Fig. 2

PC versus magnetic field in (A) the 308-nm array for T = 365 mK, θ = 45°; (B) the 418-nm array for T = 365 mK, θ = 45°; (C) the 793-nm array for T = 323 mK, θ = 6°; and (D) the 418-nm ring for 365 mK, θ = 45°. In each case, a smooth background has been removed. (E to H) Fourier transforms of the data in (A) to (D). The expected h/e and h/2e periodicities are indicated by the horizontal blue bars. The bars’ widths reflect the rings’ linewidth w. A small h/2e peak is present in (E) (visible in the log-scale graph, inset). (I to L) The autocorrelation functions of the data shown in (A) to (D), but computed over a field range ΔB larger than shown in (A) to (D): ΔB = (I) 5.4 T, (J) 5.3 T, (K) 0.6 T, and (L) 1.1 T (full data are shown in the SOM text).

A number of conclusions can be drawn from a qualitative examination of these data. First, Ityp(B) oscillates with a period h/e but also contains an aperiodic modulation that broadens the peaks in I˜typ(fΦ) and causes Gtyp(δB) to decay at large δB. This modulation is due to the fact that we apply a uniform B to the sample, leading to magnetic flux inside the metal of each ring given by ΦM = BAM where AM is the area of the metal projected along B. This leads to a new effective disorder potential [and hence a randomization of the phase of the I(B) oscillations] each time ΦM changes by ~Φ0 (15). As a result, the peaks in I˜typ(fΦ) span a band of fΦ roughly bounded by the rings’ inner and outer radii (the blue bars in Fig. 2, E to H), and the decay of Gtyp(δB) is found to occur on a field scale [defined as the half width at half maximum of Gtyp(δB)(15)] Bc = κΦ0/AM. Here κ is a constant that is predicted (16) to be 1; we find 1 < κ < 3 in these samples. For the array samples, ring-to-ring variations in r (estimated to be ~1%) should contribute negligibly to Bc and the peak widths in I˜typ(fΦ). The fact that the r = 418 nm array and the r = 418 nm single ring show similar peak width and Bc indicates that ring-to-ring variations in r do not affect the signal appreciably.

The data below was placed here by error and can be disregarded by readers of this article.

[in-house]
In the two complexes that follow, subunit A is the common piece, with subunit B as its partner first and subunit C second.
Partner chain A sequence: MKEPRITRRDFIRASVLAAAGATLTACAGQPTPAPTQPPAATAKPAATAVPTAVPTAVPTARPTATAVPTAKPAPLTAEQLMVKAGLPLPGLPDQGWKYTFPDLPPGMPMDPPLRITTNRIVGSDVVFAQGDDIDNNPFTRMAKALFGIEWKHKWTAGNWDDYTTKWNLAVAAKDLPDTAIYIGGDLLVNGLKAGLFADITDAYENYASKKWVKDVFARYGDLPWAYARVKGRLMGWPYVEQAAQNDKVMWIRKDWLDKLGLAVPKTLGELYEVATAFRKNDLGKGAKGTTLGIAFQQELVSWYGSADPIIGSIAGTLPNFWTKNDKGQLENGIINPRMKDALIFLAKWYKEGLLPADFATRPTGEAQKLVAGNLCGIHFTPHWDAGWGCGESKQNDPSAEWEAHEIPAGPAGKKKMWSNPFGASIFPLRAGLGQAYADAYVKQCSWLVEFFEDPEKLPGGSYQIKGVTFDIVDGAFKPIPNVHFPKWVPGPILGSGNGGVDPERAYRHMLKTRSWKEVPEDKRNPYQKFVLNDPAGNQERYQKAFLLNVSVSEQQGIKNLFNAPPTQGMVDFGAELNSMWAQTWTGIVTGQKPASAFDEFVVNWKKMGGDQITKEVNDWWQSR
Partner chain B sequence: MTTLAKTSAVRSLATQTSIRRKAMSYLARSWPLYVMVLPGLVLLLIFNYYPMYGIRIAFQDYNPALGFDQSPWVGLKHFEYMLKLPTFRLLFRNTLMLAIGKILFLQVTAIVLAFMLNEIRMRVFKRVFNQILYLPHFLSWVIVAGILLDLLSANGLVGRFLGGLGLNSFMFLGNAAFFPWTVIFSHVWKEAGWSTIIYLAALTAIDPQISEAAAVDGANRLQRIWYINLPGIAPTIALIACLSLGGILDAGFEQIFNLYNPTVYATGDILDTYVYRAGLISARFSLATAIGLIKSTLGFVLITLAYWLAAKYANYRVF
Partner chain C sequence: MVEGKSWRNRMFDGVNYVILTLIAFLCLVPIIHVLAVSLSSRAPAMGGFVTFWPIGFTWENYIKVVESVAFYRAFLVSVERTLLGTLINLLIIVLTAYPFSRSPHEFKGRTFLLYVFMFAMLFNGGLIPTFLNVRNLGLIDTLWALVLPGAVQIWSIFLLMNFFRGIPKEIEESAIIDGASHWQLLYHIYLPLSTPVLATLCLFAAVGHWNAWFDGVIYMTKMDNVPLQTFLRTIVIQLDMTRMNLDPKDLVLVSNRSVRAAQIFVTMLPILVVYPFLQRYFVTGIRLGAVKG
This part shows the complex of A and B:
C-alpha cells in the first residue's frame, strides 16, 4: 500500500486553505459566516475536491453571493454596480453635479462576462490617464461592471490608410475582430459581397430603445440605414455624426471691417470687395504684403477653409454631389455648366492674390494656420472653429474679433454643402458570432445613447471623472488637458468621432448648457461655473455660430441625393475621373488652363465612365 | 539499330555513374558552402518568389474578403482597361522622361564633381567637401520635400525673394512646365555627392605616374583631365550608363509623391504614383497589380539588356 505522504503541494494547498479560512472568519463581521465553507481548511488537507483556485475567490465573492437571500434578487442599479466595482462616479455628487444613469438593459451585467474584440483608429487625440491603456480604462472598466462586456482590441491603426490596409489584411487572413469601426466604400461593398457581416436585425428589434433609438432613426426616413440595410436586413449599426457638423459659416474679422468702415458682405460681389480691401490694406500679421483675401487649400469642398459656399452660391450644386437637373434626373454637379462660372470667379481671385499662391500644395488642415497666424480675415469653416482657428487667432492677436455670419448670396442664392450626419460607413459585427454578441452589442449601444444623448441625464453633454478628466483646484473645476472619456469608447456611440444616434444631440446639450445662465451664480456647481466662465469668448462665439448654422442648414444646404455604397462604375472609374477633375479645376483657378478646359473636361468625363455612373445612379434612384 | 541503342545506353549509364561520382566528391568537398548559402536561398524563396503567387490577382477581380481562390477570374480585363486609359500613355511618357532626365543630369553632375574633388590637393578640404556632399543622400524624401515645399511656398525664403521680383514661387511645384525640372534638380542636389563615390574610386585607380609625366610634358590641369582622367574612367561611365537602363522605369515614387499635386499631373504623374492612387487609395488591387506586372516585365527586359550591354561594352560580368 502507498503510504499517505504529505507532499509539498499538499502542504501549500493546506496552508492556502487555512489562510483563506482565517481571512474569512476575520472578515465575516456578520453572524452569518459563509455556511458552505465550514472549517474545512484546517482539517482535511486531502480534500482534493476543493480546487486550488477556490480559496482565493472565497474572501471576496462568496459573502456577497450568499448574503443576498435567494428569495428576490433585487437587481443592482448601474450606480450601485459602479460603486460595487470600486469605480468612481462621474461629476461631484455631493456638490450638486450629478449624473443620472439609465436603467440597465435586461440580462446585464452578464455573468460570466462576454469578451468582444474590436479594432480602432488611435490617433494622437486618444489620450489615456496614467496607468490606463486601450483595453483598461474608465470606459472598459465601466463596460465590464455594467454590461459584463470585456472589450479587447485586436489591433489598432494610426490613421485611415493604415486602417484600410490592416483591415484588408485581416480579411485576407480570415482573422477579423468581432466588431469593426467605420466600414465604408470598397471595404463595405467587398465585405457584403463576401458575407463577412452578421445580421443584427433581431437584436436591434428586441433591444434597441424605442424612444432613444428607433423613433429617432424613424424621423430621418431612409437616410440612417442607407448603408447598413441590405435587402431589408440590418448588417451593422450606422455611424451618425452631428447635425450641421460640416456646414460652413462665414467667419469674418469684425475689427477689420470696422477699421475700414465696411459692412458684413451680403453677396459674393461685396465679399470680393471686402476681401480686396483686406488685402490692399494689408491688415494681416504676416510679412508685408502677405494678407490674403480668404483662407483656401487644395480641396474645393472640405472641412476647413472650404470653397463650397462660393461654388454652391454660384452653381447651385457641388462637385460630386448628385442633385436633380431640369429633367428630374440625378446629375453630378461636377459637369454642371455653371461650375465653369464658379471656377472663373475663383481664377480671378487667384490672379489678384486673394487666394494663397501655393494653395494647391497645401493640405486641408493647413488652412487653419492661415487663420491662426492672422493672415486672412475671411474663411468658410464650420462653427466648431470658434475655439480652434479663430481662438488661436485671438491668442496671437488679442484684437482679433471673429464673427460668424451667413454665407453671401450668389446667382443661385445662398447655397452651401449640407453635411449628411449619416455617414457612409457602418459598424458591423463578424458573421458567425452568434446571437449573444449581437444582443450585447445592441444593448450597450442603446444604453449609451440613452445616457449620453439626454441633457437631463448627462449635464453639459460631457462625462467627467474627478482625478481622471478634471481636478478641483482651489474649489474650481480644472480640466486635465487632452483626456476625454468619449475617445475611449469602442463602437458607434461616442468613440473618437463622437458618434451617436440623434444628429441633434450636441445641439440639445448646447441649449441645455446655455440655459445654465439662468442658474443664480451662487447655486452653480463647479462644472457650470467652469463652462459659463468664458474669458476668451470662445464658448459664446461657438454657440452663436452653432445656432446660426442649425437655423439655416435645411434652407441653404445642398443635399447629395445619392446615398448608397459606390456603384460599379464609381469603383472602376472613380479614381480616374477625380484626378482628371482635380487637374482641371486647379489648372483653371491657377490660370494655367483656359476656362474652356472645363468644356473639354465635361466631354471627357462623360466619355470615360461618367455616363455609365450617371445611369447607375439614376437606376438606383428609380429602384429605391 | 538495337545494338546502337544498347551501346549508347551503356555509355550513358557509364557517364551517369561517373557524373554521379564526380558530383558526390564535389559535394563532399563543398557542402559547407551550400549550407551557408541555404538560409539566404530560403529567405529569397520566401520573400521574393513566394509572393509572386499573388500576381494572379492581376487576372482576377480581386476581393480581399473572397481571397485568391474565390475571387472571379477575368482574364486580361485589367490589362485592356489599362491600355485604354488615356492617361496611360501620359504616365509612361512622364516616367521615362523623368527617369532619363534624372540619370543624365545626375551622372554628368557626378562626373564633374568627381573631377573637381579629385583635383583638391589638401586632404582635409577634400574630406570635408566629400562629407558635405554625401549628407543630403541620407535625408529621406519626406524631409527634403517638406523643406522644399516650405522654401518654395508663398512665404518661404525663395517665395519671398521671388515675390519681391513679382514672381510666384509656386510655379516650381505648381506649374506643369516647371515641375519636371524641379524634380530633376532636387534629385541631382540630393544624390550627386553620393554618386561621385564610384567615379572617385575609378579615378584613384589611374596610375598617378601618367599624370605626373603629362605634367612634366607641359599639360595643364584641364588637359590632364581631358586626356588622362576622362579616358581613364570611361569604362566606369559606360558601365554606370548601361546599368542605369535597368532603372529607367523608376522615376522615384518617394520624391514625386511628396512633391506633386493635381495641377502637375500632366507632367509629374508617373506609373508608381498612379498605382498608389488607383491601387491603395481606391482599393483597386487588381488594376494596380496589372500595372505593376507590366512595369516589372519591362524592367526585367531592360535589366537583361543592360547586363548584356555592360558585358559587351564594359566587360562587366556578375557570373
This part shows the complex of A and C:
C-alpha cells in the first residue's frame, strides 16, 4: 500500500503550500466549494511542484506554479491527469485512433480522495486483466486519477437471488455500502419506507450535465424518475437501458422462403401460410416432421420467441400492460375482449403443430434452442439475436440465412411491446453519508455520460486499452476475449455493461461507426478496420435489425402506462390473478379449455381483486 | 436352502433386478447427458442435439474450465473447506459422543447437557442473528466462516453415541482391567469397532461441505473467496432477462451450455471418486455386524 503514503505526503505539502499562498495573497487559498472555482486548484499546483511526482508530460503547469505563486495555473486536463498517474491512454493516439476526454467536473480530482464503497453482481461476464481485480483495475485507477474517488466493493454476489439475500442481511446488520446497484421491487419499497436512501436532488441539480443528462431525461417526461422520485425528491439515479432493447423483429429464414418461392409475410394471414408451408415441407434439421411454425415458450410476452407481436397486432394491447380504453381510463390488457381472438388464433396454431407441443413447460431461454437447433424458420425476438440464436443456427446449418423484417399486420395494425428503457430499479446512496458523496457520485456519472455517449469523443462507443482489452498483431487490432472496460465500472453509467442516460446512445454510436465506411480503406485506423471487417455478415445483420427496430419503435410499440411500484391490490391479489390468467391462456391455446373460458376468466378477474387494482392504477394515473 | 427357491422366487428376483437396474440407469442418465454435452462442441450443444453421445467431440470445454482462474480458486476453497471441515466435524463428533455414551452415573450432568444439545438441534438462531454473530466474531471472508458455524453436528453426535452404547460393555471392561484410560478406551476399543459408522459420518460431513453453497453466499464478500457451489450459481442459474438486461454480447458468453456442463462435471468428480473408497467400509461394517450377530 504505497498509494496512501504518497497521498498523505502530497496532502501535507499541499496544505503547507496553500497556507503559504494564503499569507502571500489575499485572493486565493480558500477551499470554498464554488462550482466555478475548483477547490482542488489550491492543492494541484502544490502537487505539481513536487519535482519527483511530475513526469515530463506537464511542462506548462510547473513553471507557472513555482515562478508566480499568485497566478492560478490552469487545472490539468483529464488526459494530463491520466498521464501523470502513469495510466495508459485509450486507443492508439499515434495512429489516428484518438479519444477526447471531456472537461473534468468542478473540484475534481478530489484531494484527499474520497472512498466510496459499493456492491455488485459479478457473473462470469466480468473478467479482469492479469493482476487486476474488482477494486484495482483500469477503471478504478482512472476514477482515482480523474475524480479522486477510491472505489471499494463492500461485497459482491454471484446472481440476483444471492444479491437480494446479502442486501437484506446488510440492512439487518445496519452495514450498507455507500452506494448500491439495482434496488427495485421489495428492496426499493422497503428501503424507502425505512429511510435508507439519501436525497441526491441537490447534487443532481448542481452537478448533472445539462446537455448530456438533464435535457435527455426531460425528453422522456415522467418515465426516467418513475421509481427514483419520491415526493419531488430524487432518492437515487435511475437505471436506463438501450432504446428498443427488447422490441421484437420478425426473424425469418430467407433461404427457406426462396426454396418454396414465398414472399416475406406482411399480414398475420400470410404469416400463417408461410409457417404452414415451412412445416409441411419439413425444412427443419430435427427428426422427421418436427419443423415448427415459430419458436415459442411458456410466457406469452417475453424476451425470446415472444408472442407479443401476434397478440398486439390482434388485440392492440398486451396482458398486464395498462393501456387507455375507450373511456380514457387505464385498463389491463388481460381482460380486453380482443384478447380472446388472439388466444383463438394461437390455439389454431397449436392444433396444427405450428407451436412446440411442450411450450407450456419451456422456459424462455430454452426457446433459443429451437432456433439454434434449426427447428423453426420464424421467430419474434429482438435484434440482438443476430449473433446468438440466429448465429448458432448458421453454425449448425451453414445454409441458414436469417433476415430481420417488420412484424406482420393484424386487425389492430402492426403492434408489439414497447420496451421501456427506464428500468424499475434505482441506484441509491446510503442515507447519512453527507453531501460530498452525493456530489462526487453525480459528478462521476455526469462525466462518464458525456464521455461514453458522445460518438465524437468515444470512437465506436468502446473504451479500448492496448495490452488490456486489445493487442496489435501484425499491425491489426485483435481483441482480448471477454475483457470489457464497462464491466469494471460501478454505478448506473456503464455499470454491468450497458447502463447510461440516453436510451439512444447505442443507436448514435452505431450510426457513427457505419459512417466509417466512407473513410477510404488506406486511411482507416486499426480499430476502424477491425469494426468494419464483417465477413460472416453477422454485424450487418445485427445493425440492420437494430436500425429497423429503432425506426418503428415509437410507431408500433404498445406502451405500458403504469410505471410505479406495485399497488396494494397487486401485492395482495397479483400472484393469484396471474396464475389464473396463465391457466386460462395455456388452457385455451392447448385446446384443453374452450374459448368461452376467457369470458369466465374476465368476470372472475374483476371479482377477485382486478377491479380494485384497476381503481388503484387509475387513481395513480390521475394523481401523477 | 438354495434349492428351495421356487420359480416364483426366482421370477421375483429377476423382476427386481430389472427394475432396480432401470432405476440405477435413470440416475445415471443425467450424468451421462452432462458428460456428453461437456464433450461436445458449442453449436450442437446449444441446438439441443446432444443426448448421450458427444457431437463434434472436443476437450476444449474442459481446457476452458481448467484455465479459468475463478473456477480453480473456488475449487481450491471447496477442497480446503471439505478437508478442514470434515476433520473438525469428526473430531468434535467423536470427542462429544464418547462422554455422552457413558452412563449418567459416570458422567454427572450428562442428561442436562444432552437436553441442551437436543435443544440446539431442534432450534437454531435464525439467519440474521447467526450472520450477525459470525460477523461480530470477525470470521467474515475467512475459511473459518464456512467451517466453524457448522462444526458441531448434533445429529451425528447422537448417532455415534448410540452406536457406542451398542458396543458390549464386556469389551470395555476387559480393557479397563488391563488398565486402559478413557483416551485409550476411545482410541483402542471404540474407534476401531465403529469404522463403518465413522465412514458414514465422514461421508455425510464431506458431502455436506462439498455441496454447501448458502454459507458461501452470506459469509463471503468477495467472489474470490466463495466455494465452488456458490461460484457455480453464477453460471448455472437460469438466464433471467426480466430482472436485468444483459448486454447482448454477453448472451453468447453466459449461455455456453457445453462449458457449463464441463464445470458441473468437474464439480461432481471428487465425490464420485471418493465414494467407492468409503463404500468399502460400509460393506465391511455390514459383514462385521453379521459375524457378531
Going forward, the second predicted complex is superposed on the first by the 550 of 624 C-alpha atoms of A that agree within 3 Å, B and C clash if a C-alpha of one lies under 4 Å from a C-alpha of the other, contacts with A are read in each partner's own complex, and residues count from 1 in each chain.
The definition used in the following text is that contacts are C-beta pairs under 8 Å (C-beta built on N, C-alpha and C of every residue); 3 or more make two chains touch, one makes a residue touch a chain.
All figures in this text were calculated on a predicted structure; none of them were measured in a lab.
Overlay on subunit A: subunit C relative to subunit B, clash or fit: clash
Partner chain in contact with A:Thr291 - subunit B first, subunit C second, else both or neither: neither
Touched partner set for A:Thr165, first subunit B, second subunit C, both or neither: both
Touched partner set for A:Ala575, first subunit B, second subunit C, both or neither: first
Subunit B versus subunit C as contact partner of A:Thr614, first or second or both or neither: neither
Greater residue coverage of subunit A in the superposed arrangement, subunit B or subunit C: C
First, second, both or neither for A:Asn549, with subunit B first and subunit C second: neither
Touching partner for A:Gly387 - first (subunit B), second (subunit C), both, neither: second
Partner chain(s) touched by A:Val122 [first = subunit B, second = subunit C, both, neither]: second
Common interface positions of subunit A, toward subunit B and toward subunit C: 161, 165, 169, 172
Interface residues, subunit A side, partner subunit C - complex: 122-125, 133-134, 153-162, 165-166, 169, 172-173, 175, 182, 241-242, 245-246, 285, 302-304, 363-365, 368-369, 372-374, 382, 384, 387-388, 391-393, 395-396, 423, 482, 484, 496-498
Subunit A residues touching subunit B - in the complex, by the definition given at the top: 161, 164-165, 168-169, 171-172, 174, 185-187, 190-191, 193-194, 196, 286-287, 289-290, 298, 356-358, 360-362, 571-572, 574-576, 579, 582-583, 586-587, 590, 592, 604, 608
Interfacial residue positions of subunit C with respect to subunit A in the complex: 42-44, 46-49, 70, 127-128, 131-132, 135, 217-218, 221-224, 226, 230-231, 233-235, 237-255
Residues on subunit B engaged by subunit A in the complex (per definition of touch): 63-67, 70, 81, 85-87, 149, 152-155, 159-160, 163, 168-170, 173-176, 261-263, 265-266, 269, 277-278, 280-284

It is clear from Fig. 2 that the PC is smaller in larger rings. This is consistent with the prediction (17) that the typical amplitude Ih/e(T = 0) of the h/e-periodic Fourier component of I(Φ) at T = 0 corresponds roughly to the current produced by a single electron diffusing around the ring at the Fermi energy, and hence should scale as 1/r2. In addition, Ih/e(T) is predicted (17) to decrease on a temperature scale (known as the Thouless temperature) TT1/r2, corresponding to the scale of disorder-induced correlations in the ring’s spectrum of single-electron states.